In the nature club I belong to, we recently heard about the site iNaturalist (https://www.inaturalist.org/) where you can post your nature photos for both identification and documentation of wildlife, plants and insects. I thought it sounded like a superb thing to do and they were also having a period of time this month to document biodiversity in the world. Sounded like a cool personal project!
All photos would be mapped based on where you took the photo and they would be identified, even if you personally could not identify the species. What a great way to keep a log of your finds and an easy way to get help with ID’ing whatever you post. I know for a fact that I have had difficulty numerous times ID’ing dragonflies and birds.
So off I go with my camera to see what I can find. And no… I did not find anything rare and exotic but I went locally to the wild prairie area on Cook Road by Lake Ray Hubbard to see what I could find as this time last year the wildflowers were in full bloom. Blanket flowers are in bloom now and milkweed was just beginning to flower. There was a lot of pink primrose and then I spotted one lonely pure white primrose. It stood out from everything else and I was determined I wanted to shoot it.
The problem was… the wind was blowing and rarely let up for more than a few seconds. Wind is definitely a problem when shooting wildflowers, especially if you can’t find them in an area protected from the wind, so I increased my ISO to 3200 knowing it would increase the noise in the photo (definitely a negative!) but it would help me achieve a faster shutterspeed in hopes of catching a shot in sharp focus. And of course I was shooting in RAW to have lots of information to work with when editing. The day was cloudy but as always I left my camera in auto white balance mode rather than changing it in camera since I was shooting in RAW and if adjustments needed to be made, it could be done in post-processing.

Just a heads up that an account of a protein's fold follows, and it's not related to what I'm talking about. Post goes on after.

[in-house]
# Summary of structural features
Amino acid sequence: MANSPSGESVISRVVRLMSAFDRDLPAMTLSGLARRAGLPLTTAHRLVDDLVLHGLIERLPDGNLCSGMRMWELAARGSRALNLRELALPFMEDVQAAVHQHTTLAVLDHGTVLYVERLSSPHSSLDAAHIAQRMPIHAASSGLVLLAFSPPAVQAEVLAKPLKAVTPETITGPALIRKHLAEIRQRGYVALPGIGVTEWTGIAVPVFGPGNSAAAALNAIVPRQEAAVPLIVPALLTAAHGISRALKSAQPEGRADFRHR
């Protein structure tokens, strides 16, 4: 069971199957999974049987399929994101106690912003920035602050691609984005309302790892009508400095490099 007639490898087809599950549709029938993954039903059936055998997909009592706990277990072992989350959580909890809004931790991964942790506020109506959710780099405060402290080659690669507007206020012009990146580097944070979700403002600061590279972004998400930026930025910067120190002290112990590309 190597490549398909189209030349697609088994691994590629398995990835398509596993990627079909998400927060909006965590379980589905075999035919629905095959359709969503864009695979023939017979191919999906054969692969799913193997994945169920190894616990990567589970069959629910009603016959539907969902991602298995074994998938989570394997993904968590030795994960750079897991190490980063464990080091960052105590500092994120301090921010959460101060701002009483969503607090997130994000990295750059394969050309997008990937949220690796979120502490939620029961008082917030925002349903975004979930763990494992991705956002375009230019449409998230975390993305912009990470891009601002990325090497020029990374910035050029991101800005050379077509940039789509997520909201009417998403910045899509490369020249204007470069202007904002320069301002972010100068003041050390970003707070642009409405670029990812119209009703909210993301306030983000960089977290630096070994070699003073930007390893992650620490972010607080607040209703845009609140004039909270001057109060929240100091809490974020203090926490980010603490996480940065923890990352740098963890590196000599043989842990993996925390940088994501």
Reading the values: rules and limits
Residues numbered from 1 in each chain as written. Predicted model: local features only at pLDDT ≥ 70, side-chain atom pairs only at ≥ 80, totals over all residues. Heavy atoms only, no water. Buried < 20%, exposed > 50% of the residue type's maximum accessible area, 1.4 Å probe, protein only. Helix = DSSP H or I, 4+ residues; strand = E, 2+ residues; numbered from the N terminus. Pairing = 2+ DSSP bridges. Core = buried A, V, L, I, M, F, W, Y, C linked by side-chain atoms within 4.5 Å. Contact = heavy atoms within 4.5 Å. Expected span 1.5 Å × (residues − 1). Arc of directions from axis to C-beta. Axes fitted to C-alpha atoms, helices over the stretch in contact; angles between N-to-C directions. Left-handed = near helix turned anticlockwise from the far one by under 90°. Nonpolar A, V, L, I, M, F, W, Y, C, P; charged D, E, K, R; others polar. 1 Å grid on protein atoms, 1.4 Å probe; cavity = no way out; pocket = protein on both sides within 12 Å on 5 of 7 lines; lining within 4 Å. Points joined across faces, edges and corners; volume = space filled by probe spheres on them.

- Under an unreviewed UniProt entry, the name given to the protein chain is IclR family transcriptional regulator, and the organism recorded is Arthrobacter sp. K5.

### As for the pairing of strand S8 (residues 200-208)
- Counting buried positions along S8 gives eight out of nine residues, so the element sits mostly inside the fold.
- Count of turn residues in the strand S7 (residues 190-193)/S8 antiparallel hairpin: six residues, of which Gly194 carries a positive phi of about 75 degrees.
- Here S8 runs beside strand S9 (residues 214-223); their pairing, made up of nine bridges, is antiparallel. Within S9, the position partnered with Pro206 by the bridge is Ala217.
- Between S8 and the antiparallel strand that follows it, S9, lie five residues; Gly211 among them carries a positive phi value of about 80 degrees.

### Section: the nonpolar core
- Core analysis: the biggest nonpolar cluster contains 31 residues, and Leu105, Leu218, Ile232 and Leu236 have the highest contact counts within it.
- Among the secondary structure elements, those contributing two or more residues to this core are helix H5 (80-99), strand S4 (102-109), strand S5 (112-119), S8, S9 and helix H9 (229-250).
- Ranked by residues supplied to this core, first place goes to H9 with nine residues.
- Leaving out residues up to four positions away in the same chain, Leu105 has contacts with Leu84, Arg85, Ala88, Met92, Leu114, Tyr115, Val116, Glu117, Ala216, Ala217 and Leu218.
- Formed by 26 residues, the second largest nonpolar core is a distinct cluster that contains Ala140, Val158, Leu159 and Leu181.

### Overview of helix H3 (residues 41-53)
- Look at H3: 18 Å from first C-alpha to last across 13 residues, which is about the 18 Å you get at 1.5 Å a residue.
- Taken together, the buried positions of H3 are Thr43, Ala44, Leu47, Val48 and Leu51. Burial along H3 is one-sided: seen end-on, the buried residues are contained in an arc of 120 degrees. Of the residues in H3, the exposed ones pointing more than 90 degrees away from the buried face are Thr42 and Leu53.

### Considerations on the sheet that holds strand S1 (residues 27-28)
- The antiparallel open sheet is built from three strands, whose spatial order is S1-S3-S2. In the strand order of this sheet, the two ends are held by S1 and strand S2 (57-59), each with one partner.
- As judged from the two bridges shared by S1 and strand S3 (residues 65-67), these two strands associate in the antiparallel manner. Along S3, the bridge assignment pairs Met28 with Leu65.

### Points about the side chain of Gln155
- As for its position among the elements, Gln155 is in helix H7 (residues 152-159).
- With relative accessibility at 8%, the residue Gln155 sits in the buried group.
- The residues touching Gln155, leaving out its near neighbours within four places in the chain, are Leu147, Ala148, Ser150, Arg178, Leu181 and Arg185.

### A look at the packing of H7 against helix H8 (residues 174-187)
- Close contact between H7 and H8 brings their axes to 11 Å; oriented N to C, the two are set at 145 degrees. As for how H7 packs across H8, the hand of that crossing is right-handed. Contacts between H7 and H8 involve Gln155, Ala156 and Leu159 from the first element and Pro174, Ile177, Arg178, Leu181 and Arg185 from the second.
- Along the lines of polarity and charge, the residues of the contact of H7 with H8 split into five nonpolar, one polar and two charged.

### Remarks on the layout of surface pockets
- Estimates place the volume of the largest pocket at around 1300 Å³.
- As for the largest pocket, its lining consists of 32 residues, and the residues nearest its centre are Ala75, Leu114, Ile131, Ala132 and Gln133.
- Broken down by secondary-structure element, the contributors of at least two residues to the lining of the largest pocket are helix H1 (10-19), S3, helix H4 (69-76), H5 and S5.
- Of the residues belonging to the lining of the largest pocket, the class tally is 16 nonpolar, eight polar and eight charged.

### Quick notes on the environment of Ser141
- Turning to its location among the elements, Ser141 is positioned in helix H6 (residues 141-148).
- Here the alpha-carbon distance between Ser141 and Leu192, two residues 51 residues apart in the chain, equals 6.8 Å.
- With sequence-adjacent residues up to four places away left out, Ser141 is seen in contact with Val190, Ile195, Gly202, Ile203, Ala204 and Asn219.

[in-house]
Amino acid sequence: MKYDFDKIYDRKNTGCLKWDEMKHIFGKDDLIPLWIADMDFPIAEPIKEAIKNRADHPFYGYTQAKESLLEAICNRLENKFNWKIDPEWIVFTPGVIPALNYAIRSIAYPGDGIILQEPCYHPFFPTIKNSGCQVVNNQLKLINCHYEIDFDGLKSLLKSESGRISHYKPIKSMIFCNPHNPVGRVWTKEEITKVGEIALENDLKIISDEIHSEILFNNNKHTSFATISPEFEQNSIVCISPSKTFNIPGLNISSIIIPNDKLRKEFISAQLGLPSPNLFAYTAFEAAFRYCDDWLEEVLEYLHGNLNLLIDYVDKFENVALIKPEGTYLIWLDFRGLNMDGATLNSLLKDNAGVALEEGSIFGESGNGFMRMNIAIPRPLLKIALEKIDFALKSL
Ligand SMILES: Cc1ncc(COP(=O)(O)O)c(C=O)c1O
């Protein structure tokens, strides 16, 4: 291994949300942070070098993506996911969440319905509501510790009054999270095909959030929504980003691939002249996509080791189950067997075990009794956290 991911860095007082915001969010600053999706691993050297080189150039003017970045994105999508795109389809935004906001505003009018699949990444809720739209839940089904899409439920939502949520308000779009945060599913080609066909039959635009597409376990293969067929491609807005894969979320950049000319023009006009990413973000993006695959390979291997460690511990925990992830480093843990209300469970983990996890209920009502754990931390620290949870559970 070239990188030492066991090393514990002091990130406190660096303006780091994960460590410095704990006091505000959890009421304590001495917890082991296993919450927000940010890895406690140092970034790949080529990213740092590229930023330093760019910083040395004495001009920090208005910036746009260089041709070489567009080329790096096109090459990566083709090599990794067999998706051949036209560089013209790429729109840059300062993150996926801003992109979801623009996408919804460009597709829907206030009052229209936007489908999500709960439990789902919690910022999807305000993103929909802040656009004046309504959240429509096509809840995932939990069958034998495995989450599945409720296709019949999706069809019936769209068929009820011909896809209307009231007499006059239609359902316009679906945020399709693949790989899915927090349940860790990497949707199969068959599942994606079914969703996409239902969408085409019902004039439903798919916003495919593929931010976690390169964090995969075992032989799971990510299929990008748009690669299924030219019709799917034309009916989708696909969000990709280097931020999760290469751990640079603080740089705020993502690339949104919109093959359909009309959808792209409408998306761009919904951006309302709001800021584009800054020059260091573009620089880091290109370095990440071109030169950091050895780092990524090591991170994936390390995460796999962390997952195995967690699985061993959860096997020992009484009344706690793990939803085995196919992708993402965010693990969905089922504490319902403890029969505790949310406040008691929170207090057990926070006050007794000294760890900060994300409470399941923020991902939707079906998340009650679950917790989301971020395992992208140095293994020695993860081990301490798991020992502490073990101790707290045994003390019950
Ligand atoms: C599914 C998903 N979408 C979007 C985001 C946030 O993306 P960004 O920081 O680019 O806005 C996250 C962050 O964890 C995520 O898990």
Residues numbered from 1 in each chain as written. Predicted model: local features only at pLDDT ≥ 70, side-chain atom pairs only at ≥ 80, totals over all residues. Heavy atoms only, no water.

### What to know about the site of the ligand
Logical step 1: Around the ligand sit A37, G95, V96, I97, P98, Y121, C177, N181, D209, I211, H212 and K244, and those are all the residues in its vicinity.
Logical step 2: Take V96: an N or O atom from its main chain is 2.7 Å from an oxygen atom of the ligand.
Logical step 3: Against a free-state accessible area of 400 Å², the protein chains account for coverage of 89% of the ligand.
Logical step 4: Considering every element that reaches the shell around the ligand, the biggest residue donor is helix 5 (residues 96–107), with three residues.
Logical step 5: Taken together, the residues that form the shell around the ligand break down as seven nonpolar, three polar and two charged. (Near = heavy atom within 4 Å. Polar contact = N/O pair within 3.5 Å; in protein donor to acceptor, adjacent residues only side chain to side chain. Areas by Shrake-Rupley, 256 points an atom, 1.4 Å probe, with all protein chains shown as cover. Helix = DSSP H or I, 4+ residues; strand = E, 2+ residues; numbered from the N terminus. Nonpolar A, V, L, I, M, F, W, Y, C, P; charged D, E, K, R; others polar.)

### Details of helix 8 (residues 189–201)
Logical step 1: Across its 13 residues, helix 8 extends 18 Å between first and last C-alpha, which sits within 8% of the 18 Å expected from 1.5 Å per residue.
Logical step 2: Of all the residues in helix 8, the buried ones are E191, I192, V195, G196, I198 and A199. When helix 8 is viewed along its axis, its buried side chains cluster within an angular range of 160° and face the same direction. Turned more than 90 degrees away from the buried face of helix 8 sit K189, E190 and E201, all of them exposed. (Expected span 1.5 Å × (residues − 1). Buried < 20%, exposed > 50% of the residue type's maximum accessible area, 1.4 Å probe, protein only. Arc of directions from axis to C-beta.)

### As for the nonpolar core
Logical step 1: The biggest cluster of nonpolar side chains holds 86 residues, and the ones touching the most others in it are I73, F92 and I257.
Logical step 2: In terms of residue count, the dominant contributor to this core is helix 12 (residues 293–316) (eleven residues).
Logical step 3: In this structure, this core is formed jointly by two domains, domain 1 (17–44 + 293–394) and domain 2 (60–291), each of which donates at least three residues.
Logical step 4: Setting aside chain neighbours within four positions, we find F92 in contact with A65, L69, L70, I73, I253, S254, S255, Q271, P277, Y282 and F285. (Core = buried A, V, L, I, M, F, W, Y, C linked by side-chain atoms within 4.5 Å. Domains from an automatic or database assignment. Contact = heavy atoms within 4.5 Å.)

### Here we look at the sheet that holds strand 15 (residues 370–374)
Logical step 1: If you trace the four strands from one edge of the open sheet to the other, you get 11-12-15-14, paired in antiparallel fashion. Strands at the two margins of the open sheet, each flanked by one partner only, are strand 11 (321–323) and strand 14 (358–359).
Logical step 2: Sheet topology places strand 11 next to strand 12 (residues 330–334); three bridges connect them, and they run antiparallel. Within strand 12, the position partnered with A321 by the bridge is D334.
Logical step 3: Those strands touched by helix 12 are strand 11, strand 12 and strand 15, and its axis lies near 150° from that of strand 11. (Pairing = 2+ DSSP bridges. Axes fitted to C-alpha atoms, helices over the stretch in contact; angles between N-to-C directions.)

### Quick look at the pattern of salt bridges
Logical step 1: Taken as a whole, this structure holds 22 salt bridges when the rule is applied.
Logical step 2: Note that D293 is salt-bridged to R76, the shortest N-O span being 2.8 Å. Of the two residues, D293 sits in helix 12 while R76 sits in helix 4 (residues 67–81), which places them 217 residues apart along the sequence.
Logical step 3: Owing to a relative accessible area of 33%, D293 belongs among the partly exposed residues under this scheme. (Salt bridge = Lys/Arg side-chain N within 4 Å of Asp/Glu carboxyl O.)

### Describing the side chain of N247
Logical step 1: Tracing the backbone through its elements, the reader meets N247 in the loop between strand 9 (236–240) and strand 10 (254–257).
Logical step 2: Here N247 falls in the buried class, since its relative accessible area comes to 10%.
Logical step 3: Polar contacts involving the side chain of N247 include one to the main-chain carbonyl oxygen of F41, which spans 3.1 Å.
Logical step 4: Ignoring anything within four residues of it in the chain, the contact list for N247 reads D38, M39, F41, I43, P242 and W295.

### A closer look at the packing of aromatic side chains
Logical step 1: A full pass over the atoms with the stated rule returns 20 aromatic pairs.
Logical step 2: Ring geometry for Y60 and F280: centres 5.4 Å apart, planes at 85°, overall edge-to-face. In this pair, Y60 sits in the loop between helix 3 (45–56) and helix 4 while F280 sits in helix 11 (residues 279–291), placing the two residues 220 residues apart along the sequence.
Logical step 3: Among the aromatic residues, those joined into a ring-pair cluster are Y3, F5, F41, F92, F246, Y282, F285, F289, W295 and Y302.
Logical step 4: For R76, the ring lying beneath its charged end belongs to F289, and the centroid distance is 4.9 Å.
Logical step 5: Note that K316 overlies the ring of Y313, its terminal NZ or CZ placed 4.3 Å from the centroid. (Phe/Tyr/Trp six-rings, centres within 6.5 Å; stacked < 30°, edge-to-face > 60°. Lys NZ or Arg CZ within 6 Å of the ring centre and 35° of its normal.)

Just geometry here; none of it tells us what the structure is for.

I could not get as close as I had wanted due to a lot of mud in the area (note to self… buy boots!) so I used my 100-400mm lens for the reach and I was shooting at 400mm on a full frame camera. I was at f/11, 1/800 sec, and minus 2/3 stop exposure due to the white petals against a darker background. This was the original shot. Not exactly what I was looking for but I knew I could work with it in LR.
So… here is the photo cropped, and a bit of clarity added, as well as some sharpening and adjustment to diminish the noise in the background, all done in LR. I tried both vertical and horizontal cropping but the vertical worked the best.
I knew I wanted to get rid of those fine spider webs but that is difficult to do with the cloning or the healing tool in tight spaces in LR so from there I took it into photoshop Elements and got rid of the webs and also removed the vegetation at the bottom right as it did not add anything to the image.